Mallorie Miller from Ashland University’s Global Education Office accompanied nine Ashland University students who spent six and a half weeks of their summer in Taiwan as part of the University’s Dauch College of Business in Taiwan summer program.
The students who participated in this trip were Bradley Metcalfe, an entrepreneurship major from Willard, Ohio; Casey Neer, a marketing major from West Salem, Ohio; Cory Grahl, a hospitality management major from Parma, Ohio; Jacob Miller, a business management major from Bellevue, Ohio; Lindsey Cerimele, a marketing major from Warren, Ohio; Michael Gase, a business management major from Pickerington, Ohio; Mykenna Schlorb, a history major from Mansfield, Ohio; Peter Djordjevich, a finance major from North Royalton, Ohio; and Phillip Metcalf, an entrepreneurship major from Ashland, Ohio.
The students spent much of their time at Providence University in the Wu Chi district of Taichung, Taiwan. The summer program involved students enrolling in two Providence University classes – Mandarin language and Cross Cultural Business and Management Seminar. Providence University paired the students with learning partners, who were Providence University students interested in improving their English and knowledge of the American Culture.
“A key objective of the program is to provide meaningful exposure to an Asian market and culture for Ashland University’s business students,” said Dr. Khush Pittenger, professor of management and coordinator of the COBE in Taiwan program. “It is a unique opportunity as not many students are likely to travel to Asia on their own and there are no other Ashland University travel abroad programs that focus heavily on Asia.”
According to Pittenger, Asia has some of the fastest growing economies in the world and such international experiences bring to life what students read in textbooks and newspapers. Pittenger also thanked Alan and Julie Roth for providing the generous financial support to make this program possible and affordable for Ashland University students.
This year’s program also involved students visiting a number of Taiwanese local enterprises, including Gold-Joint Industries – ACE, a Taiwanese-based geosynthetic company. In addition, the students did some sightseeing and visited Taipei, the capital of Taiwan, and Taichung as well as towns in southern Taiwan and Sun-Moon Lake.
Dr. Jeff Russell, dean of the Dauch College of Business and Economics, said this program is a great opportunity for Ashland University students to experience urban attractions of the third-largest city in Taiwan, which has a population of one million plus. “Any international experience significantly improves students’ visibility with prospective employers,” he said.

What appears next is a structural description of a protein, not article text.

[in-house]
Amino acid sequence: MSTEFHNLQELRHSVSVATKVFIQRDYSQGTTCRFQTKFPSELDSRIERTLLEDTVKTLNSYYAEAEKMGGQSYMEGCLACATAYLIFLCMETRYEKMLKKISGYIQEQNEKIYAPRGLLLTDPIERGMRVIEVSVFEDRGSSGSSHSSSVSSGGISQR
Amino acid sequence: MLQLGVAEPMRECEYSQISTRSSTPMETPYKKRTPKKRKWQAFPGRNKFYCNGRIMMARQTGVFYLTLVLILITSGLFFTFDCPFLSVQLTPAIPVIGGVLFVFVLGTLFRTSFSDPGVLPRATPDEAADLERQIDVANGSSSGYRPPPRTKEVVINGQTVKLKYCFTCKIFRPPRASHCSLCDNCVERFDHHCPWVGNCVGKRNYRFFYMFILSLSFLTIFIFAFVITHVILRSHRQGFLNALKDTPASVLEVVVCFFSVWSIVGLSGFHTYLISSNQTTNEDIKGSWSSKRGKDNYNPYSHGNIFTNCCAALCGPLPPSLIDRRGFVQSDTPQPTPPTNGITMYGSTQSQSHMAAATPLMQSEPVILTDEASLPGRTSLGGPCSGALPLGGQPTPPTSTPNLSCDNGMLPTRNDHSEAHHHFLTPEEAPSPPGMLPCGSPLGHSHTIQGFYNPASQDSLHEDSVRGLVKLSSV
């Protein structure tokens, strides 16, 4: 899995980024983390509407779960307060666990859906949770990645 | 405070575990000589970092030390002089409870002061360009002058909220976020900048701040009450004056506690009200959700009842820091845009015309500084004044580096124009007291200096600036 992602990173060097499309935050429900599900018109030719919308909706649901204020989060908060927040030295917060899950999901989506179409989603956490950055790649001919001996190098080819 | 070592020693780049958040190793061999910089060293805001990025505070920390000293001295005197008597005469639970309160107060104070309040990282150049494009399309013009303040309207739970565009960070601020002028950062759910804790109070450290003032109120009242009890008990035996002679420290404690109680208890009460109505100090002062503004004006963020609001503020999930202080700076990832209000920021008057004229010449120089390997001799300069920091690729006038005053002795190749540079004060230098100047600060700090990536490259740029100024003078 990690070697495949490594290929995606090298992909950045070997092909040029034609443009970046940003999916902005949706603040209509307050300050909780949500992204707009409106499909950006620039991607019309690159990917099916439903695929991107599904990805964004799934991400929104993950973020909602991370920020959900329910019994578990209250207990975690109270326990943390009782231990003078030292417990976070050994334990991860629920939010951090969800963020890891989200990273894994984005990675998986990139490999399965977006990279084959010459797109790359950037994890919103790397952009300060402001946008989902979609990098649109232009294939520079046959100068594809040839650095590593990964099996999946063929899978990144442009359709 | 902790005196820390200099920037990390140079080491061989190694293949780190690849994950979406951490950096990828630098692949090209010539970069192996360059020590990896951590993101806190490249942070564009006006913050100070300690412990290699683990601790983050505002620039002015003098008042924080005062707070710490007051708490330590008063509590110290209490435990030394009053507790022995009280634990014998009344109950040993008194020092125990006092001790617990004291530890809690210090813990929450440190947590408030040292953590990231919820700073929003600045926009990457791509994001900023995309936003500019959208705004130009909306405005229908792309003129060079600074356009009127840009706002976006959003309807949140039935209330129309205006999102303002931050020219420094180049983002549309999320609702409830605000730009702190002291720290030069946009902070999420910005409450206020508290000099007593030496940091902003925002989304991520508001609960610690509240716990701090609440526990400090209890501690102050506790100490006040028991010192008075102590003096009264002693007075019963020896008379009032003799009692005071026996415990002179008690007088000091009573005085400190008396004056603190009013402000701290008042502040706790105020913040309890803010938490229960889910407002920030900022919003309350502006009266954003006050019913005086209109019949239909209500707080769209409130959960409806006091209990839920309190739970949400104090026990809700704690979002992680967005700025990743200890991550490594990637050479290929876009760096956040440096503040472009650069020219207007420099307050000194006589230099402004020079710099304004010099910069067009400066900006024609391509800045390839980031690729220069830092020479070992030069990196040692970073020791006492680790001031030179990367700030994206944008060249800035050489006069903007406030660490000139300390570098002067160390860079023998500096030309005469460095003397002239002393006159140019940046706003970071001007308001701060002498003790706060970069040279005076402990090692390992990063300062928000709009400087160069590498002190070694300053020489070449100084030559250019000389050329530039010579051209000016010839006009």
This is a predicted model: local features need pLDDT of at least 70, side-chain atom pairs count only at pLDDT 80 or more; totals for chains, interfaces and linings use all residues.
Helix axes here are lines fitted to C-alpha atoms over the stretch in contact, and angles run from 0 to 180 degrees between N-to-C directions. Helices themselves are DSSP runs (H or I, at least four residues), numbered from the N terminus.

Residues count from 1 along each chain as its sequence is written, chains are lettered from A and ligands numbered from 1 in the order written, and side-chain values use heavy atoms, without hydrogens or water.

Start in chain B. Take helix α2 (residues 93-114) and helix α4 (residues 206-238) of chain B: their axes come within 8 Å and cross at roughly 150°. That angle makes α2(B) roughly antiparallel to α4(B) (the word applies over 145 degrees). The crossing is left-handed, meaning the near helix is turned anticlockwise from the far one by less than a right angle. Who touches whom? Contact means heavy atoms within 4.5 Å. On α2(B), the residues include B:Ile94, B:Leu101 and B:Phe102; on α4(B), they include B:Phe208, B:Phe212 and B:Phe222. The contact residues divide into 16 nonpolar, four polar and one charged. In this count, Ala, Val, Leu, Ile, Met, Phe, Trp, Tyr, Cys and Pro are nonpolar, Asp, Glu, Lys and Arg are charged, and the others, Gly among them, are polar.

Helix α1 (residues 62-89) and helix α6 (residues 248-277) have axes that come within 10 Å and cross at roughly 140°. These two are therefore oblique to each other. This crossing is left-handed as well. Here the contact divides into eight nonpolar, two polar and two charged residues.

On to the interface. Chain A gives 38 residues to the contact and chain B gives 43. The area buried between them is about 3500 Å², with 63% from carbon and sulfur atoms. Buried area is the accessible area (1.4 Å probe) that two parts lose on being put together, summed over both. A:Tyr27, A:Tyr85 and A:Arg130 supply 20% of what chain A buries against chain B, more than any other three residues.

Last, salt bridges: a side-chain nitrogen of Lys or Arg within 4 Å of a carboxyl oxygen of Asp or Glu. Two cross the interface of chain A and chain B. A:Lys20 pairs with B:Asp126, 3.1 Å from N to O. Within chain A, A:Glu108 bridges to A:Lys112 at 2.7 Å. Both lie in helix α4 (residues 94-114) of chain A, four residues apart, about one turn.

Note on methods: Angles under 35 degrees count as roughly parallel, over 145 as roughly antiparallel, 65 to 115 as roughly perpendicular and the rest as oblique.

The students had great things to say about the experience.
“All of the traveling we did while on the island and experiencing the culture was absolutely amazing,” Neer said. “Getting outside my comfort zone was difficult but in the end I’m glad I took the leap. In my opinion everyone should experience a culture outside of their own. It shows you that there is more to the world you know. Which is something many people can benefit from.”
Sivik said the friendships that she made in such a short amount of time have been one of the greatest parts of the trip. “Getting to know our learning partners was a great experience. It is incredible that we were all able to become friends despite a slight language barrier and the fact that we come from two different cultures. Having international friendships has made me realize that the world is not really as big as it seems,” she said.
Sivik called Taipei “a gorgeous city” with a cluster of buildings between hills of trees and surrounded by mountains. “We were able to get another incredible view from Taipei 101. Taipei 101 is the most famous skyscraper in Taiwan and is currently the fifth tallest building in the world, reaching 1,670 feet,” she said. “We were also able to ride in the world’s fastest elevator. Our ears were popping from the rapid change in elevation.”
Miller described a typical day in the life of an AU exchange student in Taiwan.
“We would wake up around 8 to go and get breakfast at what we fondly called Breakfast Street. Then, we walked back up the hill to campus and climbed the steps of St. Peter Hall to go to Mandarin Class,” he said. “We were in Mandarin Class from 9 a.m. until noon. We had this class every day of the week. Both of our professors were extremely enthusiastic and loved that we were grasping both the culture and the language so quickly.”